406 views

Uploaded by Burak Çakır

ME 528 HW2

- Underwater explosion testing of catamaran-like structure
- Compressible Fluid Flow by Oosthuizen
- Moving normal Shockwave
- MANE-4080, Propulsion Systems, Fall 2009 Homework #1 Due September 15,
- C T Sun Mechanics of Aircraft Structures Solution
- full slot-1
- Compressible Fluid Flow by Michel A. Saad
- Aerodyn Aeronaut and Fligh Mech
- Flexural-gravity waves due to transient disturbances in an inviscid fluid of finite depth
- reynolds equation for fluid lubrication
- axial compressors
- Supersonic Flow Blunt Body Angle of Attack
- 00803-0100-4803
- Anomalies Critical Fluid
- Experimental Study and Modeling of Surge and Swab Pressures for Yield-power-law Drilling Fluids
- MNRAS-2007-Mignone-1118-30.pdf
- 131
- Ship-like target design for underwater explosion experiments.pdf
- ShipResistance-MJovanovic
- Shock Wave

You are on page 1of 3

DEPARTMENT OF MECHANICAL ENGINEERING

MDM 528 COMPRESSIBLE FLUID FLOW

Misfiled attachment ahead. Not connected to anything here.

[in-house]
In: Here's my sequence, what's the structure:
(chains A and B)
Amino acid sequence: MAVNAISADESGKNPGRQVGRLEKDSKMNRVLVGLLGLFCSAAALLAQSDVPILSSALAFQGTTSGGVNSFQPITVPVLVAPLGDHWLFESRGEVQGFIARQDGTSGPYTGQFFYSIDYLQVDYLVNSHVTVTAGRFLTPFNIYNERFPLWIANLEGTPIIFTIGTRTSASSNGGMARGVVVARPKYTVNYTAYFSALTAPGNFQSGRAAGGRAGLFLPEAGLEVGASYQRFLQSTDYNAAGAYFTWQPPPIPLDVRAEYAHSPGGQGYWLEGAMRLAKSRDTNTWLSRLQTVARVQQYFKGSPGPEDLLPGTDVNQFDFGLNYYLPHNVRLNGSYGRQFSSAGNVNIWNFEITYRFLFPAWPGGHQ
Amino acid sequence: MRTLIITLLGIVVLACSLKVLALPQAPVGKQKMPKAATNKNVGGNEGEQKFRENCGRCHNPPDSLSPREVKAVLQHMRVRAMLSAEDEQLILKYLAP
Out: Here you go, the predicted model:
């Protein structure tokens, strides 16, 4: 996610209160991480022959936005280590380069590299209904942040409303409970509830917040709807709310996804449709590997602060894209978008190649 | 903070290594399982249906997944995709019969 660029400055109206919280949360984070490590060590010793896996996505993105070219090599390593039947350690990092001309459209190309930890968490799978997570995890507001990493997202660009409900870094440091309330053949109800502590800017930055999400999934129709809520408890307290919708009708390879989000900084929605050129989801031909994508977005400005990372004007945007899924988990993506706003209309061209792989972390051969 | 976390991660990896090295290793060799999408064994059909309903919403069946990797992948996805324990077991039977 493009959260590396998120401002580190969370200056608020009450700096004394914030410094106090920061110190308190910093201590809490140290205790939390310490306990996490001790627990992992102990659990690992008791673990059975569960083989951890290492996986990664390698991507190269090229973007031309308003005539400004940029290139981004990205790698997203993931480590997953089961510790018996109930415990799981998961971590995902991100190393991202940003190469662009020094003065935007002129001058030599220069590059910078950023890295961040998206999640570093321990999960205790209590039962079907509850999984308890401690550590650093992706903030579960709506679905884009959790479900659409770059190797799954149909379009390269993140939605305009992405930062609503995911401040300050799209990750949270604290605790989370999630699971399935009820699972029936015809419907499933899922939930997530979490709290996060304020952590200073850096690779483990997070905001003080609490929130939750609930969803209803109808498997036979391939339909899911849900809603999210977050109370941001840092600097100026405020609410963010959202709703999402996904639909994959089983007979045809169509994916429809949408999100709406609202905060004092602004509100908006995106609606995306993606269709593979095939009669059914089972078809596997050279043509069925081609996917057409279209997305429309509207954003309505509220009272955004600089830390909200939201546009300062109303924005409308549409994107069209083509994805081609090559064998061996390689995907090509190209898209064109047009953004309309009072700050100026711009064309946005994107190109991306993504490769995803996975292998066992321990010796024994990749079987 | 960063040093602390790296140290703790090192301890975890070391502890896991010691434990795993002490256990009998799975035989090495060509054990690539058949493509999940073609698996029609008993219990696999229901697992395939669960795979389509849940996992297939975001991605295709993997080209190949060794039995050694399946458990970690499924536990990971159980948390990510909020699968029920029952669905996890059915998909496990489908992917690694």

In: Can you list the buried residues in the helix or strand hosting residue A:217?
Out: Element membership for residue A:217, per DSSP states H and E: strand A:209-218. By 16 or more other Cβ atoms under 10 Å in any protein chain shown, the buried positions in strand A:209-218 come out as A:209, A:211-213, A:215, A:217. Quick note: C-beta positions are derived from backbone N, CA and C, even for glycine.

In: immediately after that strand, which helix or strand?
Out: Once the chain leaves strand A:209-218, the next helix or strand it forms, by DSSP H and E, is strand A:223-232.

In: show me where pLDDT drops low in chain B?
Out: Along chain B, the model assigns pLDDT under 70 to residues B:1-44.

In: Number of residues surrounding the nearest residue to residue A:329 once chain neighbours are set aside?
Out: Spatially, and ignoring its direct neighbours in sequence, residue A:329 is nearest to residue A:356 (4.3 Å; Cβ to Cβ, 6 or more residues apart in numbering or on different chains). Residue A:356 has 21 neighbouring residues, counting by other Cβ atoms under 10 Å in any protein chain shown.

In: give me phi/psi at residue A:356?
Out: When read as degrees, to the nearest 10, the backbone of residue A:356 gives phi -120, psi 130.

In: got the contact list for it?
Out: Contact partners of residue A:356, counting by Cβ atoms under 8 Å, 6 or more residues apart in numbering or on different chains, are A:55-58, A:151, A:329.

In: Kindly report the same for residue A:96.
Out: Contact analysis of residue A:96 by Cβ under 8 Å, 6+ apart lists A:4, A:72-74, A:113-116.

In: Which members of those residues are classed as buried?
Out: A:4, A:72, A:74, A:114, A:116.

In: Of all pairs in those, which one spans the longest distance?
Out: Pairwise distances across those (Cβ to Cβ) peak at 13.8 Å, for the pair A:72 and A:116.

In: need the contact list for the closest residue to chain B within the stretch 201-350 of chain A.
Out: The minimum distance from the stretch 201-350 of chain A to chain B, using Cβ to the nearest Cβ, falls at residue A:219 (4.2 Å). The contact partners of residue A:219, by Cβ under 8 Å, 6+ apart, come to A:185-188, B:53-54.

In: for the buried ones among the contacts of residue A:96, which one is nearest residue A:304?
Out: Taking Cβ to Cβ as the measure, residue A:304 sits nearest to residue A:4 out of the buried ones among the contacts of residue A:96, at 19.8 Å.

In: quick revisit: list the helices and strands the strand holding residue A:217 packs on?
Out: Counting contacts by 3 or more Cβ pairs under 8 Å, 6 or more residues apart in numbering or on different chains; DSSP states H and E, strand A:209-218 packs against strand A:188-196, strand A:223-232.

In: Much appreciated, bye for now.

HOMEWORK 2

1. A normal shock wave occurs in an air flow at a point where the velocity is 680 m/s, the static

pressure is 80 kPa and the static temperature is 600C. Find the velocity, static pressure and

static temperature downstream of the shock. Also find the stagnation temperature and

stagnation pressure upstream and downstream of the shock. (Ans. 277.3 m/s, 309.2 kPa,

524.8 K, 563.1 K, 503.2 kPa, 563.1 K, 395.6 kPa)

2. A perfect gas flows through a stationary normal shock. The gas velocity decreases from 480

m/s to 160 m/s through the shock. If the pressure and the density upstream of the shock are